The Kaplan-Meier product-limit estimator is defined for by:

The Nelson-Aalen estimator for is then defined for by:

The following relations are valid for

where the Kaplan-Meier estimator of, is defined for by:

Let be a sequence of integers between and In order to always have asymptotical results, we suppose that the sequence satisfies the following hypothesis:

for large enough, the sequence is non-increasing and

for large enough, the sequence is non-increasing and there exists a constant such that with is a non-increasing sequence such that:

Condition is required when applying the results of Gin? and Guillou [21] while Condition is required when applying the results of Csrgö [26] .

The following result formulates the laws of the iterated logarithm-type (LIL-type) result on the mentioned increasing intervals.

Theorem 1 (Csörgö [26] ; Giné and Guillou [21] ) Let be a sequence of integers such that and, for the almost sure results, satisfying We have^{1}:

If, in addition, is assumed continuous, then we also have:

Proof. See Csörgö [26] ; Giné and Guillou [21] .

The continuity of is required to linearize the Kaplan-Meier process. Indeed, if is continuous, then can be approximated by on the random interval Precisely, we have the following result.

Proposition 1 (Giné and Guillou [21] ) Let be a sequence of integers satisfying and Hypothesis. If is continuous, then

Proof. See Giné and Guillou [21] .

3. Evaluation of the Conditional Functions of Distribution to the Specific Causes

Let be a continuous random variables representing respectively the lifetimes in each of the risks competing, be the set of index cause, where 0 corresponds to the condition of the individual observed, the random variable of the event of interest and the random variable case, where if for all is the distribution function of

the survival function such that the random variable C of the event censoring right, and for technical reasons, such that if (and) and if.

We notice that and are observable and is so only for uncensored.

We assume that censorship is not informative. The joint law is completely specified by the specific incident distributions cause defined by

(1)

which are none other than the sub-distributions of the specific cause of failure

The cumulative hazard rate of specific-cause corresponding to is given by

(2)

Let be n-sample of observable triplet where and , with and where represent the time that an individual is subject to the cause If and are independent, the random variable admits distribution function defined by Then the Nelson-Aalen estimator of is given for by (see e.g. in Andersen et al. [4] )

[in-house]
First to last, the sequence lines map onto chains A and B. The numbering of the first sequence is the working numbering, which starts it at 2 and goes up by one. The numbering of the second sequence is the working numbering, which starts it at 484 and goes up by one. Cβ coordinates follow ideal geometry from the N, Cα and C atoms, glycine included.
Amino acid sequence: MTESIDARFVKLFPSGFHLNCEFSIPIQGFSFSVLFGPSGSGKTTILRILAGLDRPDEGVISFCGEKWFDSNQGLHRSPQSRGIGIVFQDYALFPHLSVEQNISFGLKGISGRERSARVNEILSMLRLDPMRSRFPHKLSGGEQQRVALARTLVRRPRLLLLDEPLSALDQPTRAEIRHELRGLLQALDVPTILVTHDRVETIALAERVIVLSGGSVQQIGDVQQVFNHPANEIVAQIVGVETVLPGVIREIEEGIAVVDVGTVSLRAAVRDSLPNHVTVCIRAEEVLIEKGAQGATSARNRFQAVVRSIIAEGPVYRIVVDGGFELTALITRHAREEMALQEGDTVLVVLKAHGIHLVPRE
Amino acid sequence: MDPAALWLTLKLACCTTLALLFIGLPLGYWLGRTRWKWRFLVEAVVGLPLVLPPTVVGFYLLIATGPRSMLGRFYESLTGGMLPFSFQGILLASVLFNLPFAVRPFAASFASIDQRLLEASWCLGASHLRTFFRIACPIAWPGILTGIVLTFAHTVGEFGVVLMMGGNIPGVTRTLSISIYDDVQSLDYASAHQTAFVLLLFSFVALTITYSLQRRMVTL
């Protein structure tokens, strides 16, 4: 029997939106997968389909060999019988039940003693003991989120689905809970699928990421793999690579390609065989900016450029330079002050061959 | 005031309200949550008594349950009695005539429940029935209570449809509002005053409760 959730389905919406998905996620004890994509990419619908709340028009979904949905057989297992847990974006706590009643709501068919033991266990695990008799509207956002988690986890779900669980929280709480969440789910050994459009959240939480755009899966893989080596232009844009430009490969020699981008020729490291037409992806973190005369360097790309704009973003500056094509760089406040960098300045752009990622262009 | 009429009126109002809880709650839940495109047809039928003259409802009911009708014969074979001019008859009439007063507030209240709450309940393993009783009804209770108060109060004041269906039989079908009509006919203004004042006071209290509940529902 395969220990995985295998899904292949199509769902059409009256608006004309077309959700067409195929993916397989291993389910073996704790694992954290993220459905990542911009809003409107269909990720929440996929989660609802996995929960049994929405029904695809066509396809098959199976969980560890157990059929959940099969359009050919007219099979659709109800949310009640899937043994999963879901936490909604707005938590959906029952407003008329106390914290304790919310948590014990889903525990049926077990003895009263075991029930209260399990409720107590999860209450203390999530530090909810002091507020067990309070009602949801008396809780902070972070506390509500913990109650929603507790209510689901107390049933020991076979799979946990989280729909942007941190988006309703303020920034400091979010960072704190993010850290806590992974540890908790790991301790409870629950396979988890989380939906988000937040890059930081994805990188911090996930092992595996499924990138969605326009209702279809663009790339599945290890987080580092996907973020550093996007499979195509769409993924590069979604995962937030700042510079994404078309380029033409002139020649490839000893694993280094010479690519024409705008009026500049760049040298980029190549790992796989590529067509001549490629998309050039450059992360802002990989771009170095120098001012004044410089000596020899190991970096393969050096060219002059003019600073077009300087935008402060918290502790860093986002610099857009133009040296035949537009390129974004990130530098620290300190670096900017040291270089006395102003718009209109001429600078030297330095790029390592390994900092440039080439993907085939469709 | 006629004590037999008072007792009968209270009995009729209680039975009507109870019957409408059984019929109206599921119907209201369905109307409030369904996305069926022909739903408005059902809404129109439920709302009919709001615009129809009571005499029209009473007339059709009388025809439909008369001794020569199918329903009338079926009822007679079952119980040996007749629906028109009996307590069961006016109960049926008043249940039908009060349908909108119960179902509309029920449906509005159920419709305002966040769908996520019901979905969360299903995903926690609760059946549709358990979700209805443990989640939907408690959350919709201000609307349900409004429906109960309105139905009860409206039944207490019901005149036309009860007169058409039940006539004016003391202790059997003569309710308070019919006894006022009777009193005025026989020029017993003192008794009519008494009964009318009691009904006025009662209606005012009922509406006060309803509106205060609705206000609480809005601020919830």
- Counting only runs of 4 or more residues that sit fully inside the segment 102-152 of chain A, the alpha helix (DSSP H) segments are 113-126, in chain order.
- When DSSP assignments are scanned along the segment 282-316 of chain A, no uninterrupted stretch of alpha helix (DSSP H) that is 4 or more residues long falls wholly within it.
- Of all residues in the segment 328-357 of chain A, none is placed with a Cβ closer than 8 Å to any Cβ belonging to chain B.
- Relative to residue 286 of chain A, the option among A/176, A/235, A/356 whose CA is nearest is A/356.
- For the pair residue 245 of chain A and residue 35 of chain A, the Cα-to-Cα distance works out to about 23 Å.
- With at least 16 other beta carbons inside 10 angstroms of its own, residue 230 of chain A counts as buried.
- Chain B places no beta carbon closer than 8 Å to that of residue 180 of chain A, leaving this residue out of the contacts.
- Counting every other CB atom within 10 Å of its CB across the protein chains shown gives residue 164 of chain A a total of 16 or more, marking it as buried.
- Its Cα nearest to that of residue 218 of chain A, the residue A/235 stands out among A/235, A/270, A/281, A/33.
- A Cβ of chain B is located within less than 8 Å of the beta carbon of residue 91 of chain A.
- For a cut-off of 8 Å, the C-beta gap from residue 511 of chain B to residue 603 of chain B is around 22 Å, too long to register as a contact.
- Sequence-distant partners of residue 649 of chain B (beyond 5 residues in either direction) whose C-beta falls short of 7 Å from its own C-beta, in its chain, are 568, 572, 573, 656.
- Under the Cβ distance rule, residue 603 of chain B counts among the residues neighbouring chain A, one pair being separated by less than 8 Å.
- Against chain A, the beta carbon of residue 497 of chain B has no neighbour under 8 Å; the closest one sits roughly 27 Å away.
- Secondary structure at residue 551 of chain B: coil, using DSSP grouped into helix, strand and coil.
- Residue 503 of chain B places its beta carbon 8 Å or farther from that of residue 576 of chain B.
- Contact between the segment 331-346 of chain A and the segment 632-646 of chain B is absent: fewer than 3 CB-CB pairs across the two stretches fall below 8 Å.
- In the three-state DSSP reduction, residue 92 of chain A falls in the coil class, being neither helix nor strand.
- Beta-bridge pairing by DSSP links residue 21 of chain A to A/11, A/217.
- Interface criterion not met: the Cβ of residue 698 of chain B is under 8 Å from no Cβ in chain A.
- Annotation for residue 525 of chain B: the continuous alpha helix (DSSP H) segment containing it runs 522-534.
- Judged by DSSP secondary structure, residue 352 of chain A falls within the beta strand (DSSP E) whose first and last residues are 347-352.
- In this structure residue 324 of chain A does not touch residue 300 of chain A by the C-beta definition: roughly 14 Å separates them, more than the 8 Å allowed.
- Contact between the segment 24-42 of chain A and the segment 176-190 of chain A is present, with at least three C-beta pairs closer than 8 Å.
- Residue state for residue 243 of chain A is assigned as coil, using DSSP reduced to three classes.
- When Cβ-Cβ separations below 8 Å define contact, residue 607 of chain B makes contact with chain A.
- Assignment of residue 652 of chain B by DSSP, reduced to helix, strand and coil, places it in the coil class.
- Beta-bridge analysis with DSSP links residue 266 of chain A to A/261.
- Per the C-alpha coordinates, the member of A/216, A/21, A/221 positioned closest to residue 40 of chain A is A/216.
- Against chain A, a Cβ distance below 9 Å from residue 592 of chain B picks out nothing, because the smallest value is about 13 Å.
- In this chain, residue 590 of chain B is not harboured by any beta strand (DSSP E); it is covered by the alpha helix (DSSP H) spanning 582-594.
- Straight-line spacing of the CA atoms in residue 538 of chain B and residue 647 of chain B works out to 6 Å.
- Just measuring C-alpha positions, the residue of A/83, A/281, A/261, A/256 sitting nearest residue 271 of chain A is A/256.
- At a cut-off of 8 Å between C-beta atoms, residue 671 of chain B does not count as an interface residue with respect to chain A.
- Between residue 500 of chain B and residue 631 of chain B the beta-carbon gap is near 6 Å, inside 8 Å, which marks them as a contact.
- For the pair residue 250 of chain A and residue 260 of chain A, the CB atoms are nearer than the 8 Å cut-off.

(3)

with

and where

(4)

is the counting of the number of failures observed in case of the time interval and

(5)

is the number of individuals in the sample observation that survive beyond time Thus, for any

(6)

represents the number of individuals who may fall down specific cause or be censored.

Estimator similar analogue to (2) and on the sub-group individuals crashing case is given by

(7)

and with and

The relation between the cumulative hazard rate and survival in the subgroup A_{j} is given by^{2}

(8)

A nonparametric estimator of the distribution function of time life in subgroups is defined by

(9)

is given by

(10)

The size of the subgroup individuals is not observable due to the inaccessibility of all subgroups of specific causes Nevertheless, we can assign a probability to each of the individuals belonging to one of the subgroups. Thus, one can estimate the size by given by ( see e.g. in Satten and Datta [27] or Datta and Satten [28] ) where is the estimator of the probability that the individual n˚ in the sample subgroup, subset of risk of specific-cause. Thus, the final estimators for the cumulative hazard rate due to the specific cause and the corresponding distribution function have the respective expressions

(11)

and for

(12)

4. Main Results

Let be a positive random variable and be a censoring variable such that and In this model of random censorship, for a sample subject to a specific causes we can observe the couple where and with and where is the time that an individual is subject to the cause

For a given and an individual with the counting process is defined by:

Therefore, if an individual undergoes event before time then otherwise We can also define the counting process

Naturally, it appears that we considered the information provided over time as a filter, which is used to describe the fact that past information is contained in the current information, hence we have the natural filtration where

For and for we have

If denotes the left boundary at of we have

since, the quantity takes only the values 0 and 1.

For a given we define the function

which indicates whether the individual is still at risk just before time (the individual has not yet undergone the event). Therefore• if then, and

• if then,